Once all of the dry ingredients have been incorporated, fold in the egg whites.

classic chiffon cake tutorial

 

Pour into the unprepared pans and run a knife through the batter to reduce/remove air bubbles. You can also tap the pans on the counter to help eliminate those pesky bubbles. Bake for 40-50 minutes (until the cakes test done).

classic chiffon cake

 

Invert pans onto a cooling rack as this will help with unmolding. Once cooled, run an offset spatula or butter knife gently around the sides of the cakes to loosen, and then turn the cakes out. Cover with plastic wrap immediately.

classic chiffon cake tutorial

 

Although this cake’s crumb is very delicate, you can add simple syrup (very lightly) if you wish to further enhance a particular flavour or to prolong moistness if you are baking a little in advance. I will have a separate post all about simple syrup coming up soon.

Voila! I frosted and filled the cake below with my Swiss Meringue Buttercream (find the post and recipe here)

classic chiffon cake

 

Classic Chiffon cake

Ingredients

  • 2 cups (8.5 oz or 240g) all-purpose flour
  • 3 tsp (0.5 oz or 15g) baking powder
  • 1 tsp (0.20 oz or 5.69g) salt
  • 5 large egg whites
  • 1/2 tsp (0.12 oz or 1.69g) cream of tartar
  • 1.5 cups (10.5 oz or 300g) granulated sugar
  • 5 large egg yolks
  • 3/4 cup (6 oz)  of water
  • 1 tbsp (0.46 oz) high-quality vanilla extract
  • 1/2 cup (3.87 oz) canola or vegetable oil

Directions

  1. Preheat oven to 325°F/165°C and set aside two UNPREPARED 8″ pans.
  2. Sift flour, baking powder and salt into a bowl and set aside.
  3. Place the egg whites with 1/2 cup of sugar and the cream of tartar in the bowl of a stand mixer and use the whisk attachment to whip them up into peaks that are stiff but not dry. Transfer the whipped egg whites into a separate bowl.
  4. Clean out the bowl, switch to the paddle attachment and combine the yolks and water and mix well. Add the sugar, then the vanilla and mix on medium speed until well combined. Add the oil and continue to mix on medium speed for another minute.
  5. Add the dry ingredients a little at a time until just combined. Do not overmix.
  6. Once all of the dry ingredients have been incorporated, fold in the egg whites.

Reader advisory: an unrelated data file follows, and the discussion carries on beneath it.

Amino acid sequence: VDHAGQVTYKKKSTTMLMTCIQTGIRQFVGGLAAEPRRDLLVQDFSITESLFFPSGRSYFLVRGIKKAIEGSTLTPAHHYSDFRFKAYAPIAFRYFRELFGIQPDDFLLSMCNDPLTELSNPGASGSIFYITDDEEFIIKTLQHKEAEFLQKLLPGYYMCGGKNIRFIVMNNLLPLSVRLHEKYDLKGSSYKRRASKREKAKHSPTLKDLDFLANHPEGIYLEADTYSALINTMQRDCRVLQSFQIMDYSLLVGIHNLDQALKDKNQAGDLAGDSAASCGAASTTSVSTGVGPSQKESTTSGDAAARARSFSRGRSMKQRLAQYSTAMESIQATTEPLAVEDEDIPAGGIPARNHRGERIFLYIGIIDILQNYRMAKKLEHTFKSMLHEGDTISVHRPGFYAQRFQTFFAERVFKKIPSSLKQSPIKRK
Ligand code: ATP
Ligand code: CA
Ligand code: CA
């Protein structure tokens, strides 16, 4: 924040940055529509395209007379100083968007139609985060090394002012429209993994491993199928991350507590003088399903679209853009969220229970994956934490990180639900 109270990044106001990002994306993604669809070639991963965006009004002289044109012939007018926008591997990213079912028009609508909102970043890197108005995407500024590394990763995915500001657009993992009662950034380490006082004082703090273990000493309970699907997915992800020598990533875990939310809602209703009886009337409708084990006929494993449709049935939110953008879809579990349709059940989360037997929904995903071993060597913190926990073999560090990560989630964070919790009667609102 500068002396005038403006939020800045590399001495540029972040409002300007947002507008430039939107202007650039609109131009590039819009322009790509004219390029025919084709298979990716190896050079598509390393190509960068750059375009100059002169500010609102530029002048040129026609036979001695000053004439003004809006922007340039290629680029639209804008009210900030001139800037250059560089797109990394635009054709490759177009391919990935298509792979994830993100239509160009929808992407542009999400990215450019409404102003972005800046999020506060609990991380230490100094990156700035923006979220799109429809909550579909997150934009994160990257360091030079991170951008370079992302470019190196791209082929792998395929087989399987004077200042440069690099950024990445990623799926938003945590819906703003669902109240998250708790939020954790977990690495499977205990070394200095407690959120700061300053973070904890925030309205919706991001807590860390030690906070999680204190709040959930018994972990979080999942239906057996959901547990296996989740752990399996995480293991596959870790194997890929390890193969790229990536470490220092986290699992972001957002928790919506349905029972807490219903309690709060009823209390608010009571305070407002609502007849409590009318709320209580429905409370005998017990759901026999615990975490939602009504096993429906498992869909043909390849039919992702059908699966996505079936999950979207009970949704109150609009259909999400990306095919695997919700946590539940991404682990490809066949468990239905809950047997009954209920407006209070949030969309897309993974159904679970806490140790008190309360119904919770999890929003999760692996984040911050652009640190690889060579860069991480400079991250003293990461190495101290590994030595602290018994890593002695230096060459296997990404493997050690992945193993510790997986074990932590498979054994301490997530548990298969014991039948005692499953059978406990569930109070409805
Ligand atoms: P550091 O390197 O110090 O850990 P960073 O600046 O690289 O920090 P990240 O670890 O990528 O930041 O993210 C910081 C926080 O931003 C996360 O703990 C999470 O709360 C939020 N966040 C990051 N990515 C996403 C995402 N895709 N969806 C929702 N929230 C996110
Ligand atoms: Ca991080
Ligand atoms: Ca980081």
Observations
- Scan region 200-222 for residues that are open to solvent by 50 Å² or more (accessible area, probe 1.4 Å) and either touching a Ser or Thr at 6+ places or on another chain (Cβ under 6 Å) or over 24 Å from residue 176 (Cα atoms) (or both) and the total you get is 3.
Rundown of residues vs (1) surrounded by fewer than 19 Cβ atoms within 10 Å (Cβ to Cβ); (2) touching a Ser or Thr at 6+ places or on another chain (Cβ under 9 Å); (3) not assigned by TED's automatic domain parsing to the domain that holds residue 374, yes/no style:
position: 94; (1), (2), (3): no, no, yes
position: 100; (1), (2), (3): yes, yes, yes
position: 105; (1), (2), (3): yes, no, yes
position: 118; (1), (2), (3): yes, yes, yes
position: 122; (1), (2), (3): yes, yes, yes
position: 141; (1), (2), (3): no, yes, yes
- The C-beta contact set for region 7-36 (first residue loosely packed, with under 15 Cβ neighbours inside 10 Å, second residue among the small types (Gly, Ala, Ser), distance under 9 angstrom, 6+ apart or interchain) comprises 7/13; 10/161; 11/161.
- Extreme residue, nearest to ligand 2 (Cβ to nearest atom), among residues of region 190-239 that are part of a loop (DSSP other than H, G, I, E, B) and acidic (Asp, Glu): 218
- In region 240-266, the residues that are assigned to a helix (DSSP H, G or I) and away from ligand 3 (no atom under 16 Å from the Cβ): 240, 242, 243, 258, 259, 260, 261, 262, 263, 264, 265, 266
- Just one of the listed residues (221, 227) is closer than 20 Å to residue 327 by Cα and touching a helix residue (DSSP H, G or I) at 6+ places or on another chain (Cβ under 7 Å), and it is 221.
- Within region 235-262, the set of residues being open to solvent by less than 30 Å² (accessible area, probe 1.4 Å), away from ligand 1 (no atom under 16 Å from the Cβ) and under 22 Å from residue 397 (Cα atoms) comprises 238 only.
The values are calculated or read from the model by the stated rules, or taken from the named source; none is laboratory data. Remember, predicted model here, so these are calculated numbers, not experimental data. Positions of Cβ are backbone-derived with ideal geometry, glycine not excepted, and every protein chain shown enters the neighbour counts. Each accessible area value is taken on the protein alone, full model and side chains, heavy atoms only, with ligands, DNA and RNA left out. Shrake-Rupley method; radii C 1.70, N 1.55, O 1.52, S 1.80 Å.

7. Pour into the unprepared pans and bake for 40-50 minutes.
  8. Invert pans on cooling racks until completely cool

Variations:

Confetti Chiffon: Add 1-2 tbsp of confetti sprinkles to the batter just after the egg white has been completely folded in. Stir gently to combine. Bake as usual.

Marble Chiffon: For this variation, you must add a step in before you whip the egg whites. Combine 1/4 cup of cocoa powder with 1/4 cup of boiling water and 1/4 tsp of baking soda and let cool. Prepare the cake as directed, but divide the batter in two. Add the chocolate mixture to one half of the batter and mix very gently to combine well. Add dollops of the chocolate mixture to the vanilla mixture and use a knife to great a zig-zag pattern. Bake as usual.

Chocolate Chiffon: Before starting to prepare the cake, boil 3/4 water and add 1/2 cup of cocoa powder and a 1/2 tsp of baking soda. Boil until the mixture is thick, let cool, then add to the batter.

Orange Chiffon: Replace 3/4 cup of water with orange juice. You can also replace the vanilla extract with orange flavouring, or add an orange-flavoured simple syrup to the cake once baked and cooled.

Champagne Chiffon: Replace 3/4 cup water with 3/4 champagne or sparkling wine of your choice or 1/2 cup champagne or sparkling wine and 1/4 cup water (if you desire a more subtle flavour).

So concludes the first instalment in my Vanilla Cake Series. Do you have a go-to vanilla cake recipe? Please comment below!

Happy Baking!

5 thoughts on “Vanilla Cake Series Part 1: Classic Chiffon Cake